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OF THE

COURT OF CHARLES THE SECOND,

BY

COUNT GRAMMONT,

WITH NUMEROUS ADDITIONS AND ILLUSTRATIONS, AS EDITED BY

SIR WALTER SCOTT.

ALSO:

TER PERSONAL HISTORY OF CHARLES,

INCLUDING

THE KING'S OWN ACCOUNT OF HIS ESCAPE AND PRESERVATION

AFTER THE BATTLE OF WORCESTER, AS DICTATED TO PEPYS.

AND

TI: BOSCOBEL TRACTS,
OR, CONTEMPORARY NARRATIVES OF HIS MAJESTY'S ADVENTURES,

FROM THE MURDER OF HIS FATHER TO THE RESTORATION.

CAREFULLY EDITED,

WITH ADDITIONAL ILLUSTRATIONS.

LONDON:
HENRY G. BOHN, YORK STREET, COVENT GARDEN.

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Printed by J. & H. COX, BROTHERS, 74 & 75, Great Queen Street,

Lincoln's-Inn Fields,

ADVERTISEMENT.

The justly acquired popularity of the MEMOIRS OF Count GRAMMONT, “which paint the chief characters of the court of Charles the Second with an easy and exquisite pencil," renders it unnecessary for the publisher to say any thing concerning their intrinsic value.

The present edition contains the entire work as revised by Sir Walter Scott, in 1811, with all the notes ; and, in addition, a considerable number of illustrative anecdotes, gleaned from the most authentic sources.

The PERSONAL HISTORY OF CHARLES THE SECOND has been compiled with care from all previous authorities, and presents, it is believed, in a small compass, the most complete picture of the merry monarch in dishabille, yet given to the public.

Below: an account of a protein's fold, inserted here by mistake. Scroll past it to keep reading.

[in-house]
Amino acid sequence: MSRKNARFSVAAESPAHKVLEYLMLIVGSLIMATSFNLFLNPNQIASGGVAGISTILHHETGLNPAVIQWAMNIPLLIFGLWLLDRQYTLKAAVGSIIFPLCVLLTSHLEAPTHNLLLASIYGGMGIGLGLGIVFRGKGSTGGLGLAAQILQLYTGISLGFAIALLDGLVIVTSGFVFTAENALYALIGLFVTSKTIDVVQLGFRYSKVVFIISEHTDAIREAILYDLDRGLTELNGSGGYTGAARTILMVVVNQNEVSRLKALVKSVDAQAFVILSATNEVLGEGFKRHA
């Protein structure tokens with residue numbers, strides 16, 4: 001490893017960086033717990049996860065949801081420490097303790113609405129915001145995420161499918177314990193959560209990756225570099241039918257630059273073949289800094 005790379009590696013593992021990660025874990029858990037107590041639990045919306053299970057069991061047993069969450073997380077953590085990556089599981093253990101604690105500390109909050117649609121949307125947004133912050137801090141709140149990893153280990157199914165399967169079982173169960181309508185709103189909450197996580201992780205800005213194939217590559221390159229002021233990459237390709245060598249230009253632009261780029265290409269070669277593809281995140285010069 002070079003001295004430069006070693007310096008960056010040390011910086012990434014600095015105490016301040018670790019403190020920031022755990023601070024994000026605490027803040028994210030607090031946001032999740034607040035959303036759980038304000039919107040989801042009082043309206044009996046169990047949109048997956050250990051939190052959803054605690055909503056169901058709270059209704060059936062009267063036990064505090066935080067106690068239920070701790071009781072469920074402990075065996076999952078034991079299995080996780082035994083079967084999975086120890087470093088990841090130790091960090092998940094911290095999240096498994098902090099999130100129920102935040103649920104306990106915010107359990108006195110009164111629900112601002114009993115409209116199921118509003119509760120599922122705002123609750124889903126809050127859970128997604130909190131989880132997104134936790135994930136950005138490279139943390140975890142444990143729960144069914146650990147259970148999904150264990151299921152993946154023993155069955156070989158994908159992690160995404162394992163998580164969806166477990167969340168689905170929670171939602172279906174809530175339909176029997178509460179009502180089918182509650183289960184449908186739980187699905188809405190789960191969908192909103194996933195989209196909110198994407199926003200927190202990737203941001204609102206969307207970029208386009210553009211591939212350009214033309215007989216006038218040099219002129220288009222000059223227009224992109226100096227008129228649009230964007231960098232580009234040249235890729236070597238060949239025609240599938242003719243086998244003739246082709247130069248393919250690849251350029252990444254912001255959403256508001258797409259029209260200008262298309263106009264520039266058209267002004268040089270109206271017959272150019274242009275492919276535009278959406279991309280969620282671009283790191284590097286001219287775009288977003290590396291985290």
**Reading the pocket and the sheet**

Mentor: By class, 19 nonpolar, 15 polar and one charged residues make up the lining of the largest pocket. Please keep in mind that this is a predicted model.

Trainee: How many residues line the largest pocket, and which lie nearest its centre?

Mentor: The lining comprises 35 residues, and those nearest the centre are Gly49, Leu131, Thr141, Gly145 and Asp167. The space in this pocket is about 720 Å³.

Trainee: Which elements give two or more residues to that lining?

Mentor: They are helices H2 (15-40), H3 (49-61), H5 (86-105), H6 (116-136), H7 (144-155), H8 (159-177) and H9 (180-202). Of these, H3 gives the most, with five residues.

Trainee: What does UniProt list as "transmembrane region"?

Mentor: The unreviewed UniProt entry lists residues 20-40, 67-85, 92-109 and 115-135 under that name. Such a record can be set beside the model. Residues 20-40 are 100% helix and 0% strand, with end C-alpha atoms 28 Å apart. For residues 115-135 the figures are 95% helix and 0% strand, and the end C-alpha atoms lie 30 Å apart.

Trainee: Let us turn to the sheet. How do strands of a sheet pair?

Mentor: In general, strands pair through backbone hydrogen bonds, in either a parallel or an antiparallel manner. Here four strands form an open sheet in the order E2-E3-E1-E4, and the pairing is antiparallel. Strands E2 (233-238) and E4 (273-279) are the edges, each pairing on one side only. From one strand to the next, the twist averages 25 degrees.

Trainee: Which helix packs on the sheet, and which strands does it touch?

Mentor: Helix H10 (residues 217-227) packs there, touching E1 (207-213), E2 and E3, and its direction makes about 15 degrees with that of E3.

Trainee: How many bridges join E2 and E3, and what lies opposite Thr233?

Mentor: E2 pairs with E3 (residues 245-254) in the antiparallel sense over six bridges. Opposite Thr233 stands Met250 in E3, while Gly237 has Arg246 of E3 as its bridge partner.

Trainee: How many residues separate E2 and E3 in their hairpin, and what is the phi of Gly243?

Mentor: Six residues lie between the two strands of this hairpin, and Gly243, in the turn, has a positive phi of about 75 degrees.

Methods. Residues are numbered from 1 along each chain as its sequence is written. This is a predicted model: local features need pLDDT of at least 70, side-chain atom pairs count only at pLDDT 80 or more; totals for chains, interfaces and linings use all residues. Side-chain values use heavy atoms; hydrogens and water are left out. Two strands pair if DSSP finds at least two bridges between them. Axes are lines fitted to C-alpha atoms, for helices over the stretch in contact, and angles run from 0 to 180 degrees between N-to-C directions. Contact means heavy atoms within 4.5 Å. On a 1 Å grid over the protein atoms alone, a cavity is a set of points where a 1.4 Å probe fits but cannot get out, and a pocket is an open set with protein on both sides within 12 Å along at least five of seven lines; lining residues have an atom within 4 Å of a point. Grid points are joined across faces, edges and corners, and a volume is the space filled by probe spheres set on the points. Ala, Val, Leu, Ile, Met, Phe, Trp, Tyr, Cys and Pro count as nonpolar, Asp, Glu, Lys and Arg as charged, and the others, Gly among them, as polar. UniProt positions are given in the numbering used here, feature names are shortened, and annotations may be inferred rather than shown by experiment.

The King's Account Of his ESCAPE AFTER THE BATTLE OF WORCESTER, as dictated by himself to Pepys, is one of the most romantic pieces of English history we possess. It was first published by Sir David Dalrymple, in 1766, as the King's, on the authority of the Pepys' manuscripts, preserved in Magdalen College, Cambridge. The minute and personal character of the narrative, its lively and careless style, and the collation of it with other accounts, concur in proving it

unquestionably genuine. The remarks subjoined are by Mr. Pepys, and include many corrections and additions subsequently obtained from the King, Father Huddlestone, and Colonel Philips. These are inserted in the form of notes, and are respectively distinguished by the initial letters of K, PH, and Ph.

The so-called “ BoscoBel Tracts” are contemporary narratives, written in the quaint language of the time, by Thomas Blount, author of the “ Fragmenta Antiquitatis," or Ancient Tenures of Land, and various other works. As they give curious variations and highly interesting additions to the King's own narrative, and are, to use the words of the Retrospective Review, “ now among the most scarce and highly prized historical pamphlets of the seventeenth century," it has been thought desirable to conjoin them.

The publisher permits himself to observe, that the matter now presented in a single volume, could not, in any other shape, be procured for twenty times its present price.

H. G. B.

YORK STREET, June 1, 1816.

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